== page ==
Russian Orthodox Church opens its arms and hands to the deaf
"Ministry for the deaf is well established in Western Christian denominations," explains The Moscow Times. "But in Russian Orthodoxy, a small group of devoted activists at the Church of Our Lady of Tikhvin are blazing a new trail. They have developed, almost from scratch, an Orthodox liturgical sign language. And according to [Priest Pyotr] Kolomeitsev, they measure their success against the depth of involvement of their churchgoers, rather than the sheer number of them." The paper also notes that while Orthodox liturgy "appeals strongly to senses other than hearing" with its icons, incense, and other practices, some changes to the liturgy have become necessary. For example, Kolomeitsev faces his congregation rather than the altar.
Jesus film showing canceled in Chekhov
Elsewhere in Russia, evangelicals hoping to show the Jesus film on Christmas (the January 6 one, not the December 25 one) in Chekov were denied by the government after initial approval. Days before the showing, a leading government official in the area said the license to show the film was being revoked because "the movie film about Jesus Christ is propaganda of a foreign, non-Orthodox faith." The churches are appealing the decision and hope to show the evangelistic film in February.
Nigerian Christian caned for alcohol won't press charges
Livinus Obi, a Christian who was caned 80 times by two Muslim youths after they saw him with a half-empty bottle of gin (a violation of the state's Shariah law), won't press charges against them. "I have been living peacefully with the parents of the accused as such," Obi explains. "It will be unwise for me to drag their sons to court." Still, the incident is problematic for all Nigerian states that have adopted Shariah law, as they regularly promise that the law will apply only to Muslims.
Alaskan pastor experiences an apparent resurrection
Reverend John Loper was sure the deer was dead when he found it on a rural Alaskan road and put it on the roof of his car. But a couple of miles down the road, people started honking. The deer, apparently, wasn't so dead after all. "It stood up there like a golden retriever on a joy ride," says Loper. Other pastors around the country are no doubt jealous for the sermon illustration …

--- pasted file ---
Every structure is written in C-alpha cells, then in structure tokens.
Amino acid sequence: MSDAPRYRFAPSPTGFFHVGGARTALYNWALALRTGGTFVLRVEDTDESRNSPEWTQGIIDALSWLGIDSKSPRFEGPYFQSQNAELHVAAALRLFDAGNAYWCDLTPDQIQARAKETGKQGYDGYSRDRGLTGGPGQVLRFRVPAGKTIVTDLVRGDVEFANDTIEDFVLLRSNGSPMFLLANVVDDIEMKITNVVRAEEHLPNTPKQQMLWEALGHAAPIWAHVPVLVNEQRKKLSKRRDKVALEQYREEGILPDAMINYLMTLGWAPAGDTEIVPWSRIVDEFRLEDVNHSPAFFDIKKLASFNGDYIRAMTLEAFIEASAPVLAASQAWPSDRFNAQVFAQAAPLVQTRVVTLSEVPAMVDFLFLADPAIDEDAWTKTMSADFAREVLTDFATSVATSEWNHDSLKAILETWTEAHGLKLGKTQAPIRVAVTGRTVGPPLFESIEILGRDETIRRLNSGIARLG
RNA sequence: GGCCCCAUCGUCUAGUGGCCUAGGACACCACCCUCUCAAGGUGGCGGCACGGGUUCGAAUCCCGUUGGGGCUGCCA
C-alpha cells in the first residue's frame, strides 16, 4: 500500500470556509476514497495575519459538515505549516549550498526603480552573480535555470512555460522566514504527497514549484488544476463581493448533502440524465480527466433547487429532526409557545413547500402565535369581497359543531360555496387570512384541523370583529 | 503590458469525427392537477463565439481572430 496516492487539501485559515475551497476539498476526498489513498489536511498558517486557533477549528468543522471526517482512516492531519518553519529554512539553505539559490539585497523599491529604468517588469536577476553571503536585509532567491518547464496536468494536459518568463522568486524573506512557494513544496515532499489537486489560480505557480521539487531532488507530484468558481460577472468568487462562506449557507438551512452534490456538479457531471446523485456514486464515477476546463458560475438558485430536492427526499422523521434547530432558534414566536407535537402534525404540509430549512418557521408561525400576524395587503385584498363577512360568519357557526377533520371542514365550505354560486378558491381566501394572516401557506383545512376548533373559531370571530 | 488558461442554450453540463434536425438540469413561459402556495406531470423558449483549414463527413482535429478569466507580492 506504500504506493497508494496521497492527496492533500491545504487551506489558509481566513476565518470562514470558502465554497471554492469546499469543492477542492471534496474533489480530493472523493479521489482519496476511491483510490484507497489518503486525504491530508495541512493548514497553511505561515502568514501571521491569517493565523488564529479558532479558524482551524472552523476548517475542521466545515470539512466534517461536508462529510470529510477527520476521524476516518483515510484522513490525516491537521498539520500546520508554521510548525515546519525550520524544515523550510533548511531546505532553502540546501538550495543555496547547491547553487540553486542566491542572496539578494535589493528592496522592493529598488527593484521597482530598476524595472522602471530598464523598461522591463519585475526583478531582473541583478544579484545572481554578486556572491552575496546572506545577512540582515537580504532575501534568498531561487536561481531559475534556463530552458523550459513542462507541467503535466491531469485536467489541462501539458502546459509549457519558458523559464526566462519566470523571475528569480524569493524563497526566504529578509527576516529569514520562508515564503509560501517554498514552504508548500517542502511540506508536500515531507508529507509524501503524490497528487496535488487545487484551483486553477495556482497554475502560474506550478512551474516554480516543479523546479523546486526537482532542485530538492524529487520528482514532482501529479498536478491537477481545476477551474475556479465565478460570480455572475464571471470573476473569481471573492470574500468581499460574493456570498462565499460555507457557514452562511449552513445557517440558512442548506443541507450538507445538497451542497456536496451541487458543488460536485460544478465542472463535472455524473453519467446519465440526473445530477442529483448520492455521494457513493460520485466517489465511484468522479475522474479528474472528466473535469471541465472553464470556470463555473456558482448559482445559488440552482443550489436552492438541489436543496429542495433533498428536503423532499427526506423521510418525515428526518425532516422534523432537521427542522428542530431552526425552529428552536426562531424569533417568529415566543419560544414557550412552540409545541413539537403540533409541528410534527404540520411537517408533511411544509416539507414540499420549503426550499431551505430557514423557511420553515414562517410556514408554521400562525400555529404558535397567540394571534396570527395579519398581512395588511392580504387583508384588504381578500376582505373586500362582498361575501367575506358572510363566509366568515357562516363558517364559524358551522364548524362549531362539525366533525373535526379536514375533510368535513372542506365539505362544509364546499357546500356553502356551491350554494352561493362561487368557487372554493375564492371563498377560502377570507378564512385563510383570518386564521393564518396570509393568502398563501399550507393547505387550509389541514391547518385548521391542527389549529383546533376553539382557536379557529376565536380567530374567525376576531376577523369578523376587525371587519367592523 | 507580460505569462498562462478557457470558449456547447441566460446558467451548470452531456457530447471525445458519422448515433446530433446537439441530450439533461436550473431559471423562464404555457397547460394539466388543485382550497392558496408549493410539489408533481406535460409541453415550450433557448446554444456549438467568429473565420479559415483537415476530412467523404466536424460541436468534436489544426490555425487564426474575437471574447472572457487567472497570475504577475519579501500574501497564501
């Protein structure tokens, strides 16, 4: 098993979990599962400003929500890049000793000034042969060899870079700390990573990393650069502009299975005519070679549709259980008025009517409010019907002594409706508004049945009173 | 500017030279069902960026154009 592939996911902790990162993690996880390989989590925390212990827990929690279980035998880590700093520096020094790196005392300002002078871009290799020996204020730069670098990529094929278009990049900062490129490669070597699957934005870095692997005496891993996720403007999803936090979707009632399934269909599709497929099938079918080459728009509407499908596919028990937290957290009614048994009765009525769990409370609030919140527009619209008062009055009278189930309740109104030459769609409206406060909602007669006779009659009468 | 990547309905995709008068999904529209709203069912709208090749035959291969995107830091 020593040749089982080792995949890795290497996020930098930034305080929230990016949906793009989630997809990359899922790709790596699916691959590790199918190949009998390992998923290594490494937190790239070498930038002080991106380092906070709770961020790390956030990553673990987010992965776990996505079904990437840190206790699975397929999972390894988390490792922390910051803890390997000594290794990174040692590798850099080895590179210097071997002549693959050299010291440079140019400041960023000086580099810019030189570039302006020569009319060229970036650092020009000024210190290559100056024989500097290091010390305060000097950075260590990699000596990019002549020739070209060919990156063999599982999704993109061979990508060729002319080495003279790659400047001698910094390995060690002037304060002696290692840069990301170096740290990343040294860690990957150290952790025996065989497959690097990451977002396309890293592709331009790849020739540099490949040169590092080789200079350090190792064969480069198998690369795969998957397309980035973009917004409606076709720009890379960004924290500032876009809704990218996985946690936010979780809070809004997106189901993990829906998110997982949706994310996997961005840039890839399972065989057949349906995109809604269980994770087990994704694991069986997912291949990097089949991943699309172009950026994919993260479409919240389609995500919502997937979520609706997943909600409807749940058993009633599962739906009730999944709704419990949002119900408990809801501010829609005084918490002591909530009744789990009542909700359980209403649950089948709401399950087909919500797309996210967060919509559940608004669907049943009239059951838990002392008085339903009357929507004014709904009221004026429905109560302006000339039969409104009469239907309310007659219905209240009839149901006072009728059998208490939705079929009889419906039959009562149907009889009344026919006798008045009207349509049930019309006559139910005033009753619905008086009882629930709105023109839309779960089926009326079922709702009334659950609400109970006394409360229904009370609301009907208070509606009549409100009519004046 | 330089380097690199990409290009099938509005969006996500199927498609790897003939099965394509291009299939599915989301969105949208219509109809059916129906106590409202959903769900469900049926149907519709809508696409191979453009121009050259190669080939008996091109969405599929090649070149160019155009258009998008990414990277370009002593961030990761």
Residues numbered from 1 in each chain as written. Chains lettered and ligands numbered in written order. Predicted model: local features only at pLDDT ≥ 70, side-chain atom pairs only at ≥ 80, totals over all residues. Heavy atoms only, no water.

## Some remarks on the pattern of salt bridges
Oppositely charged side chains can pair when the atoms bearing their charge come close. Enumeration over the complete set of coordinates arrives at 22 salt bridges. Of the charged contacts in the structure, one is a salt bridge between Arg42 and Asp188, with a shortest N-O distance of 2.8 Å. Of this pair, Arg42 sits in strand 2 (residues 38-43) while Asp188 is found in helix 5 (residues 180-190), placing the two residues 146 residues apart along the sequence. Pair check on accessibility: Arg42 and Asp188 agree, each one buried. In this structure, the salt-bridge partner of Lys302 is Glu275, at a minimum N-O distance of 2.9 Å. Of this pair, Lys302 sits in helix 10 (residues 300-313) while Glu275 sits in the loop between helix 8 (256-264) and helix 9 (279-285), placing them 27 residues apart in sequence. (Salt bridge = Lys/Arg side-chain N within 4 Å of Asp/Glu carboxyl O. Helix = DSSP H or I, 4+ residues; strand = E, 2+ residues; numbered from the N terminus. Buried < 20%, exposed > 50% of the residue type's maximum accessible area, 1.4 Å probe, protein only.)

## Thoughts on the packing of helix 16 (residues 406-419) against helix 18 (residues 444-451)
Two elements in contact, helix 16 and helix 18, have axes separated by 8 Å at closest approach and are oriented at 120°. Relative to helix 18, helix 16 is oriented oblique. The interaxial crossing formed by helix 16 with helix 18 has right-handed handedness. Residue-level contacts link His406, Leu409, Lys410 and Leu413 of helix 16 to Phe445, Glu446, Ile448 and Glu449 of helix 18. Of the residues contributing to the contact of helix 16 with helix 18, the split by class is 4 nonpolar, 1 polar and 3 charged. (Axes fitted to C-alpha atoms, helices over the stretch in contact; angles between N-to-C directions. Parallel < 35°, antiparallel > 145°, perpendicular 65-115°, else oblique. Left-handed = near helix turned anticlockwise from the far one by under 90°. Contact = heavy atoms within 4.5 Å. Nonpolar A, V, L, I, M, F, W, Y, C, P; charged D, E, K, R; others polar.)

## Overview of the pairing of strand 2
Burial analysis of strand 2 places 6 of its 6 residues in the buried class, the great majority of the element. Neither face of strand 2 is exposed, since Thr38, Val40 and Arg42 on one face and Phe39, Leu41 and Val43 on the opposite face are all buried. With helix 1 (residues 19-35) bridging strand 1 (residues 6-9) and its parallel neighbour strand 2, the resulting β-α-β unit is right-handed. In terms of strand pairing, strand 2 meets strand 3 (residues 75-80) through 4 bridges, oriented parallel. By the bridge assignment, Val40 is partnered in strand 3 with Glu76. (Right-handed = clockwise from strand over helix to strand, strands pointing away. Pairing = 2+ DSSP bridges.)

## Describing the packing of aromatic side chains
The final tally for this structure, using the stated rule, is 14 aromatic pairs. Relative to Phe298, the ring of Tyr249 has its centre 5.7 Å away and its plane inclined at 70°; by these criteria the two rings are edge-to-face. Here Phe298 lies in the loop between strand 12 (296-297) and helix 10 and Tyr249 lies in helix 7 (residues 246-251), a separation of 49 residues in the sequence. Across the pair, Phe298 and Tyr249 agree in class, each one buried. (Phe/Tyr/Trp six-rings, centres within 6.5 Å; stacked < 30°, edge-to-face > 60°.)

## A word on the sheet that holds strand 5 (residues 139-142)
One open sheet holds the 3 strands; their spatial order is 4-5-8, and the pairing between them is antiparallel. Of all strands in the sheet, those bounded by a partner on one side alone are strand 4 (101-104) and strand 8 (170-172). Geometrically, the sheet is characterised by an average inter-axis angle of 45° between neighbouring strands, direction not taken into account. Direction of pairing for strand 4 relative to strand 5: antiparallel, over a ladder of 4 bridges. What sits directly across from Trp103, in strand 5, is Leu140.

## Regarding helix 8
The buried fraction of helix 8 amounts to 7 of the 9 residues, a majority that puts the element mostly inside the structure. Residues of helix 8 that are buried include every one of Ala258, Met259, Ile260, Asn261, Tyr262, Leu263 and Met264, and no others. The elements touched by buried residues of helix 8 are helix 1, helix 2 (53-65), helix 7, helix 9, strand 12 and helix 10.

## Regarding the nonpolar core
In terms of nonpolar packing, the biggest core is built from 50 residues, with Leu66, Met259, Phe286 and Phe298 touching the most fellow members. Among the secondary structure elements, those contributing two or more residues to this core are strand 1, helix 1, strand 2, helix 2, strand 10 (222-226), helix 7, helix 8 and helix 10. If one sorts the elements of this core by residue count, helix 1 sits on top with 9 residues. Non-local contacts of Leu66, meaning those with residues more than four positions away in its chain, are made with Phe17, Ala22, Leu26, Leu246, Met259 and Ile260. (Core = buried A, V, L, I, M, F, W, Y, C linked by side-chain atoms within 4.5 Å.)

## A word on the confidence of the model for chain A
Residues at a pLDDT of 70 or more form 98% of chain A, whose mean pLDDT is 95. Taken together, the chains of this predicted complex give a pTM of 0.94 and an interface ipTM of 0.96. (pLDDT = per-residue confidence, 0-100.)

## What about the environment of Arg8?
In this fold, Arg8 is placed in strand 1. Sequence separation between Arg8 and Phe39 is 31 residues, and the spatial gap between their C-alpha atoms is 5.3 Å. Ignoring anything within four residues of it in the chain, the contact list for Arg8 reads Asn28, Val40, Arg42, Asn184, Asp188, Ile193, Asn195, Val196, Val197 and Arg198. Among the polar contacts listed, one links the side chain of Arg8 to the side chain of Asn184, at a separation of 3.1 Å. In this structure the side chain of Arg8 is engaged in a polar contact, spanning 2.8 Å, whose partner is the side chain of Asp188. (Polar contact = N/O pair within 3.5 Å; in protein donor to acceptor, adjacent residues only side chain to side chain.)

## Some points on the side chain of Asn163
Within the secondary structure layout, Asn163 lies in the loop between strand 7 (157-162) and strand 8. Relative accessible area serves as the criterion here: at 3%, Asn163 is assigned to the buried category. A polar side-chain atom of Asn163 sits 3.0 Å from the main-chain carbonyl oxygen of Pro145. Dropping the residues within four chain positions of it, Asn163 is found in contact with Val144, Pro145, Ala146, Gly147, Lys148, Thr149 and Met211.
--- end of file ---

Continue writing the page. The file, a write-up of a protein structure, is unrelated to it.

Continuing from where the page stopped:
Other articles of interest:
- Bush Religion Proposals Questioned (Associated Press)
- New ServiceMaster CEO says he has no problem with company's evangelical foundation (Chicago Tribune)
- CeCe Winans Reflects on Gospel (Associated Press)
- U.S. Catholics, Too, May Face St. Lucia Hell (Rod Dreher, New York Post)
- Ashcroft Invites God on Decisions (Associated Press)
- Sheriff scraps inmate labor for churches (Northwest Florida Daily News)
- Pastor wants church members on the streets | Trained teams would connect with troubled youths and try to bring them into churches. (The [Syracuse, New York] Post-Standard)
- Bible in the classroom combats cultural illiteracy (Cincinnati Post)
- Jailed Norwegian missionary a possible prisoner of conscience (The Norway Post)
- Amnesty International studies jailed missionary case (Aftenposten, Norway)
- Pakistani Christians protest discrminatory law (UPI)
- Karachi police break up blasphemy law protest rally (BBC)
- Zambia Pulls AIDS Campaign After Church Opposition (Reuters)
- Zambia axes safe sex ads (BBC)
- Sue Makers Of Condoms, Zambia's Education Minister Advises (Times of Zambia)
- Vicarage family hospitalised, as clerics report a rise in assaults (Church Times, U.K.)
- For the first time in more than 1,000 years, the Lindisfarne gospels have returned to Holy Island - albeit via computer screen. (The Guardian, U.K.)
- 'I owe my life to' local priest who prevented abortion, Celine Dion says (National Post)
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